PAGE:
plural noun: pronouns
a word that can function as a noun phrase used by itself and that refers either to the participants in the discourse (e.g. I, you ) or to someone or something mentioned elsewhere in the discourse (e.g. she, it, this ).
The term pronoun covers many words, some of which do not fall easily under the generic description of words that replace nouns. There are several different kinds of pronouns, including:
- Personal pronouns (e.g., he, they)
- Demonstrative pronouns (e.g., this, these)
- Interrogative pronouns (e.g., which, who)
- Indefinite pronouns (e.g., none, several)
- Possessive pronouns (e.g., his, your)
- Reciprocal pronouns (e.g., each other, one another)
- Relative pronouns (e.g., which, where)
- Reflexive pronouns (e.g., itself, himself)
- Intensive pronouns (e.g., itself, himself)
… and that brings us to the end of the English lesson, because pronouns, specifically Personal pronouns nawadays are exhaustive, especially when trying to use them correctly.
We believe that it is important to give people the opportunity to state the pronoun that is correct to use when referring to them, as the incorrect use of pronouns can cause dysphoria. Mistaking or assuming people’s pronouns without asking first, mistakes their gender and sends a harmful message. Using someone’s correct gender pronouns is one of the most basic ways to show your respect for their identity.
She/her/hers and he/him/his are a few commonly used pronouns. Some people call these “female/feminine” and “male/masculine” pronouns, but many avoid these labels because not everyone who uses “he” feels like a “male” or “masculine“.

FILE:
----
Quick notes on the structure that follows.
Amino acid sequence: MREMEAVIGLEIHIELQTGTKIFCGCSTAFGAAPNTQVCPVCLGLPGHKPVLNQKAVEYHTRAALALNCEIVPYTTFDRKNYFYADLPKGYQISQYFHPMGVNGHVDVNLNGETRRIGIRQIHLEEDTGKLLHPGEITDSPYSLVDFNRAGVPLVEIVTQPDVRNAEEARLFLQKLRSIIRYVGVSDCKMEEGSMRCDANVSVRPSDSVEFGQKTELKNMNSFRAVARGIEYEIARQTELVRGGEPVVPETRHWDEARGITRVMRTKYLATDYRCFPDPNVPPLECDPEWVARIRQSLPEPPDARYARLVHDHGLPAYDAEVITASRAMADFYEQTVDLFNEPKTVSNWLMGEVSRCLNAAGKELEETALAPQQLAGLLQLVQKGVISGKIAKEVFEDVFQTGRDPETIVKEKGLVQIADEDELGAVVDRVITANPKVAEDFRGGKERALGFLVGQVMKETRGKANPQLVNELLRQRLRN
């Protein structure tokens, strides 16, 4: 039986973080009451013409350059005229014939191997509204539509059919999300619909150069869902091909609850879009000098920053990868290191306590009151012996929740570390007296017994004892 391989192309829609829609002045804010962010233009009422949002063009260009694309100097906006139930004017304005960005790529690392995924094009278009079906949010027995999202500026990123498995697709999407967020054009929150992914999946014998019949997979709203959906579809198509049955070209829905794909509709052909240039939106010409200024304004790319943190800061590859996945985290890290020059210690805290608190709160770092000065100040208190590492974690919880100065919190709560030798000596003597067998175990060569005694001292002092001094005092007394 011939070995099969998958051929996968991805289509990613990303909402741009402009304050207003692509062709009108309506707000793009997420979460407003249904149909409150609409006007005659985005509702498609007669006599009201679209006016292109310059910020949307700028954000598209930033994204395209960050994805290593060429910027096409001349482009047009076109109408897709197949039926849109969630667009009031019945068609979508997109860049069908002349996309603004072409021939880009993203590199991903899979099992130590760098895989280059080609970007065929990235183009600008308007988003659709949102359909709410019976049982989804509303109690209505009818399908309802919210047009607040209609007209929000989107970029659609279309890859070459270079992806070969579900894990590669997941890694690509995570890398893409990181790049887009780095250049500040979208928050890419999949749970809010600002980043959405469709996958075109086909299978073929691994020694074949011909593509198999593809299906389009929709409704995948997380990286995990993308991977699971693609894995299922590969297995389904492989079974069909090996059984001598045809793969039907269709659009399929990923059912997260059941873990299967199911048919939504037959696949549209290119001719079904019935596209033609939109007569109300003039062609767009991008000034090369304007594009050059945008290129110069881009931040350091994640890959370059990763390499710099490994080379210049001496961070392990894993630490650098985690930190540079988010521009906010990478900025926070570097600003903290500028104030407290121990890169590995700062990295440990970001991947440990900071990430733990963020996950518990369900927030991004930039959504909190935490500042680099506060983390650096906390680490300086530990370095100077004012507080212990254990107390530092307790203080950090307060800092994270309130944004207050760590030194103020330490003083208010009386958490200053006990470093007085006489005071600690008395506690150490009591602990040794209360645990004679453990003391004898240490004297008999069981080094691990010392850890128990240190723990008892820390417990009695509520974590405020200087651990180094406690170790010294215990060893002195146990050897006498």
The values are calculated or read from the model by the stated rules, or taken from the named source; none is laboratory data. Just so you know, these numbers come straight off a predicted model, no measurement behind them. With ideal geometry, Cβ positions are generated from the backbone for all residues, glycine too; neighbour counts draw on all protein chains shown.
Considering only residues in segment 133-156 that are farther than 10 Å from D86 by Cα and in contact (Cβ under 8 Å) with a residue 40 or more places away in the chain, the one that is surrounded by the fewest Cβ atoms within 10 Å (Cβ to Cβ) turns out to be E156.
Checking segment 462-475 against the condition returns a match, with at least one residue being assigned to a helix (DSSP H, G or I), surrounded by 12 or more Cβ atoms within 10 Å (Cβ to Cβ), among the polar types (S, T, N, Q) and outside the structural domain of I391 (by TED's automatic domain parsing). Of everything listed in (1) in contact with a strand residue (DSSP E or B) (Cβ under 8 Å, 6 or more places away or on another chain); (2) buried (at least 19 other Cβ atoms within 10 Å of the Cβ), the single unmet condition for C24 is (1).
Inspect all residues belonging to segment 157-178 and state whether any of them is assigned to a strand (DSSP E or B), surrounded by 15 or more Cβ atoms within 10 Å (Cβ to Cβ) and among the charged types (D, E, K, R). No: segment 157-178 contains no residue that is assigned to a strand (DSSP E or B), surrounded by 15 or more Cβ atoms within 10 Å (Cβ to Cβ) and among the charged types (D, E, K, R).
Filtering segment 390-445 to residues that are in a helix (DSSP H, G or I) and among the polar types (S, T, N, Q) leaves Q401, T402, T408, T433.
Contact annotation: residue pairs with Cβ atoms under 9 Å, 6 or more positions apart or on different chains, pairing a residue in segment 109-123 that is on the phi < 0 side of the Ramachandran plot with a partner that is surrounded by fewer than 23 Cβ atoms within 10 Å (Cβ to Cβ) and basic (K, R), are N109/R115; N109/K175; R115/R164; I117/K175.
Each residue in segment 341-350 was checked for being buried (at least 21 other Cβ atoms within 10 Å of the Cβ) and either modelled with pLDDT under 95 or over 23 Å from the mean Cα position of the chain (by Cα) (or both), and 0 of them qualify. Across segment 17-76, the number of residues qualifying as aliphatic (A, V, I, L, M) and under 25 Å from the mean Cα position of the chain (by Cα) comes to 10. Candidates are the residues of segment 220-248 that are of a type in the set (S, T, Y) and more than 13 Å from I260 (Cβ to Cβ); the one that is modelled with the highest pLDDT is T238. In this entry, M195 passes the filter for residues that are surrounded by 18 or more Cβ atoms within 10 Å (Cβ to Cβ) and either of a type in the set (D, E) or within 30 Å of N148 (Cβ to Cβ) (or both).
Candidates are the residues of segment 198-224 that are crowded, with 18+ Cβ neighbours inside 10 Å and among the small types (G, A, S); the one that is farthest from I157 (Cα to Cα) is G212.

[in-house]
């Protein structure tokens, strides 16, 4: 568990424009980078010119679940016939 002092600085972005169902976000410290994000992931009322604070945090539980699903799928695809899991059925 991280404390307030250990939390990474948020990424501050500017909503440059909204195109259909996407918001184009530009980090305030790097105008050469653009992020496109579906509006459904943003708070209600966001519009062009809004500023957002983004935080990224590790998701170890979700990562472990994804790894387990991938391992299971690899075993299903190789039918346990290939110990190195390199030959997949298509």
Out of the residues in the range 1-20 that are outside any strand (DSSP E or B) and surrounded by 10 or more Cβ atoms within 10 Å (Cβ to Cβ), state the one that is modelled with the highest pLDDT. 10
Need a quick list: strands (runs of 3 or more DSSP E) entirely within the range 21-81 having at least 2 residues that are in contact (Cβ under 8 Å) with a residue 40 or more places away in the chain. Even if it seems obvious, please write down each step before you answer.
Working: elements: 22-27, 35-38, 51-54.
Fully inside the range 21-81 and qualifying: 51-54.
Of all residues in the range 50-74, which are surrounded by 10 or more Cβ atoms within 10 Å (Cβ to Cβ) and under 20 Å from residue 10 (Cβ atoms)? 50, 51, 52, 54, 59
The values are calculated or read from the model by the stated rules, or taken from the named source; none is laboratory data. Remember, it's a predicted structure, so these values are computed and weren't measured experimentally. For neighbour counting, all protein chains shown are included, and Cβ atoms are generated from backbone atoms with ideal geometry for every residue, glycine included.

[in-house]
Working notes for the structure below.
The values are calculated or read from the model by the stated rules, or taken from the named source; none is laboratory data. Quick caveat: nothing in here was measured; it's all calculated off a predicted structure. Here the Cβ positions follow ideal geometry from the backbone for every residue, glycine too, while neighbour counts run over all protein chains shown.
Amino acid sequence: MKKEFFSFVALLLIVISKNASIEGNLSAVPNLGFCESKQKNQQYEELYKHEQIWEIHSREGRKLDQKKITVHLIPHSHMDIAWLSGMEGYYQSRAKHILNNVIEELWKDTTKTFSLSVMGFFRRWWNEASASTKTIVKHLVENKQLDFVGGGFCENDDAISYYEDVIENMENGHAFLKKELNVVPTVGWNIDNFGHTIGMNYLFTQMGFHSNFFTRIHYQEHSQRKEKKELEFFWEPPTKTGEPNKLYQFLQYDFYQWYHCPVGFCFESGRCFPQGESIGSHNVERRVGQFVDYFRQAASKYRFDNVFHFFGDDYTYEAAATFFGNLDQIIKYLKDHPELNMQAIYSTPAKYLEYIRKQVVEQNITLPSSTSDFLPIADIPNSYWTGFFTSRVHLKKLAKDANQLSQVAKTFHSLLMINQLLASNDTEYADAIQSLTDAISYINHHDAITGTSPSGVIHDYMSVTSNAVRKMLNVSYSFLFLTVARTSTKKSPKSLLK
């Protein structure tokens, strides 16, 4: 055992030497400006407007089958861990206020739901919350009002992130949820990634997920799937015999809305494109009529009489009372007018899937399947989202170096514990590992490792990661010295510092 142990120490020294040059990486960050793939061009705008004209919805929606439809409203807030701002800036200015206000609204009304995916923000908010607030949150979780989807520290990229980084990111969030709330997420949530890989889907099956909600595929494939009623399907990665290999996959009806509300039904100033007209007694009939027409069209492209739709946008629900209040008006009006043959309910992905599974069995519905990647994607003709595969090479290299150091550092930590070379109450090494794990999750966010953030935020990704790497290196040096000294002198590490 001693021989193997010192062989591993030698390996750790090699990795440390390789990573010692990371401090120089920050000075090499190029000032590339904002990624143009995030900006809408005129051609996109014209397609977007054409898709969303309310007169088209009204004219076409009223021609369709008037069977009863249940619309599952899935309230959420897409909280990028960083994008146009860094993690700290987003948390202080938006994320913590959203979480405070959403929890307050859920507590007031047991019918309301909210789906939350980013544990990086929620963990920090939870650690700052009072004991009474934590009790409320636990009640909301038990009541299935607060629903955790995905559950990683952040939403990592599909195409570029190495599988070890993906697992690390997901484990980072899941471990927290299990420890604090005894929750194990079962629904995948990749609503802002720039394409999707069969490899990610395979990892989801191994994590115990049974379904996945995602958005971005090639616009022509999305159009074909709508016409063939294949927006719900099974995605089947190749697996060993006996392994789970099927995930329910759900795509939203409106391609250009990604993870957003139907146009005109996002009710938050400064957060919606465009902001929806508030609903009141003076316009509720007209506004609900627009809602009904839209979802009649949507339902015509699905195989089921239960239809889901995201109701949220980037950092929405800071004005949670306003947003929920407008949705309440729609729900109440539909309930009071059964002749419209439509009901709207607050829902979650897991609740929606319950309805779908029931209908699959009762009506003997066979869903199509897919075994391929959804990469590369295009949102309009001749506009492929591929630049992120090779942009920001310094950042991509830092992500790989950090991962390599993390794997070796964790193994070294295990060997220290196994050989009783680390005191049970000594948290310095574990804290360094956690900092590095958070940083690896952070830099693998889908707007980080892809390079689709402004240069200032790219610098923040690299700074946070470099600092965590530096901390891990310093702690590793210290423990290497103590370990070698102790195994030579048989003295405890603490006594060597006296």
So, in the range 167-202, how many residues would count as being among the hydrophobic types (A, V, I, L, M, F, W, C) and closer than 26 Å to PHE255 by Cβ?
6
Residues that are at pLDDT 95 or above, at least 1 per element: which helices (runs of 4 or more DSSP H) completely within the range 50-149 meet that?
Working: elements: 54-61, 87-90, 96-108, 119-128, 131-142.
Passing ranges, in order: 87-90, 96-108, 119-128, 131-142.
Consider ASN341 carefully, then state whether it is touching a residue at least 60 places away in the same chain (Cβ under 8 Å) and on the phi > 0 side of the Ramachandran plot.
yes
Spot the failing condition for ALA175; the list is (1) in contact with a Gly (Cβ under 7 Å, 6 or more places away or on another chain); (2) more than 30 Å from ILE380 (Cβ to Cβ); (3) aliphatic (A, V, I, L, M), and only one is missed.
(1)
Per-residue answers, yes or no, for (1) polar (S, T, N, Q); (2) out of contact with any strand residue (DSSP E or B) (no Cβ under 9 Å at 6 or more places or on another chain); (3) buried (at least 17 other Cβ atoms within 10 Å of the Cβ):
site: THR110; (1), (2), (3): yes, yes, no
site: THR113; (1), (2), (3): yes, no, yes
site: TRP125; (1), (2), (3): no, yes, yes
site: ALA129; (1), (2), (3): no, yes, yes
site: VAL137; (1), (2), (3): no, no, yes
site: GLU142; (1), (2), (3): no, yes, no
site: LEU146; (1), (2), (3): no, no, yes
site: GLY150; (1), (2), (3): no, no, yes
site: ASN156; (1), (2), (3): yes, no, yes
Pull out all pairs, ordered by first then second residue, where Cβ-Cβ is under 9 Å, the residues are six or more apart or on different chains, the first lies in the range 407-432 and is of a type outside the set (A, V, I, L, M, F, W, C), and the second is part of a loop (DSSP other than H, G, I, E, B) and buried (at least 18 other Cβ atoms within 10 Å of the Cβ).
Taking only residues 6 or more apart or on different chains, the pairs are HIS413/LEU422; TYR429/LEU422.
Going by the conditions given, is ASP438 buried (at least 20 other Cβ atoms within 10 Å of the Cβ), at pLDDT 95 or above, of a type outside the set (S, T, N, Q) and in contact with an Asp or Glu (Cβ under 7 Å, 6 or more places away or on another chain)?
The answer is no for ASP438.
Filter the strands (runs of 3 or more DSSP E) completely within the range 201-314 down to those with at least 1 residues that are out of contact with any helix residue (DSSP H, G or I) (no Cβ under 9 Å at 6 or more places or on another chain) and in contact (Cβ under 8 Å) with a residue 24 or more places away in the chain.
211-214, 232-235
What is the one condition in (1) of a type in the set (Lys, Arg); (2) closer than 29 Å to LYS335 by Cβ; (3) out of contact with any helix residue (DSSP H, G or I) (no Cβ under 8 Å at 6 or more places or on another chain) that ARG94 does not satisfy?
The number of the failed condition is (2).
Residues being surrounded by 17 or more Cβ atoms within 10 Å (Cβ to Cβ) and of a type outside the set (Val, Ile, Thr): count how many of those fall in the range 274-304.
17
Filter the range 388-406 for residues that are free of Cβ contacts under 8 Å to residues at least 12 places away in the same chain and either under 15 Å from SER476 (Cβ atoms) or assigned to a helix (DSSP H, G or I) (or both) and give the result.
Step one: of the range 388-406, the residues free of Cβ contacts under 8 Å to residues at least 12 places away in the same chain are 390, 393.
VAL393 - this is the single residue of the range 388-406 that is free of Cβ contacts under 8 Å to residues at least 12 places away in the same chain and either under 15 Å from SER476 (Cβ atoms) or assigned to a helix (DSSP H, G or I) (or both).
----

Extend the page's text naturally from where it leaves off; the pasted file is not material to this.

There are also lots of gender-neutral pronouns in use. Here are a few you might hear:
- They/them/theirs (Shea ate their food because they were hungry.)
This is a pretty common gender-neutral pronoun and it can be used in the singular. In fact, “they” was voted as the Word of the Year in 2015.
- Ze/hir/hir (Tyler ate hir food because ze was hungry.)
Ze is pronounced like “zee” can also be spelled zie or xe, and replaces she/he/they. Hir is pronounced like “here” and replaces her/hers/him/his/they/theirs.
- Just my name please! (Ash ate Ash’s food because Ash was hungry)
Some people prefer not to use pronouns at all, using their name as a pronoun instead.
Never refer to a person as “it” or “he-she“.
These are offensive slurs used against trans and gender non-conforming individuals.
Make a habit of introducing yourself with your pronouns, not just in LGBTQIA-specific situations. This makes sharing pronouns routine, instead of singling out certain people or communities. Try to avoid using the phrases “preferred pronouns” or “preferred name” as these suggest an element of flexibility or that someone’s identity is less than valid. Someone’s name and pronouns are not suggestions and are not preferred over something else. They are inherent to who we are.
(This is NOT an exhaustive list. Any combination is possible!)
|___ laughed.||Ask ____!||That’s ____ pen.||That pen’s ____.||Did ___ enjoy _____?|
Keep in mind some people may use certain pronouns in some contexts and not in others due to a variety of factors, including safety. For example, a person may be openly transgender or trans* at work but not at home with their family. Some people use different names and different pronouns depending on the context. It can be helpful to clarify in what situations someone uses certain pronouns. Remember it is up to each person how and when they choose to share part of their identity with others.
Make a habit of introducing yourself with your pronouns, not just in LGBTQIA-specific situations. This makes sharing pronouns routine, instead of singling out certain people or communities.
Original post from Charlie | Transgender and proud of it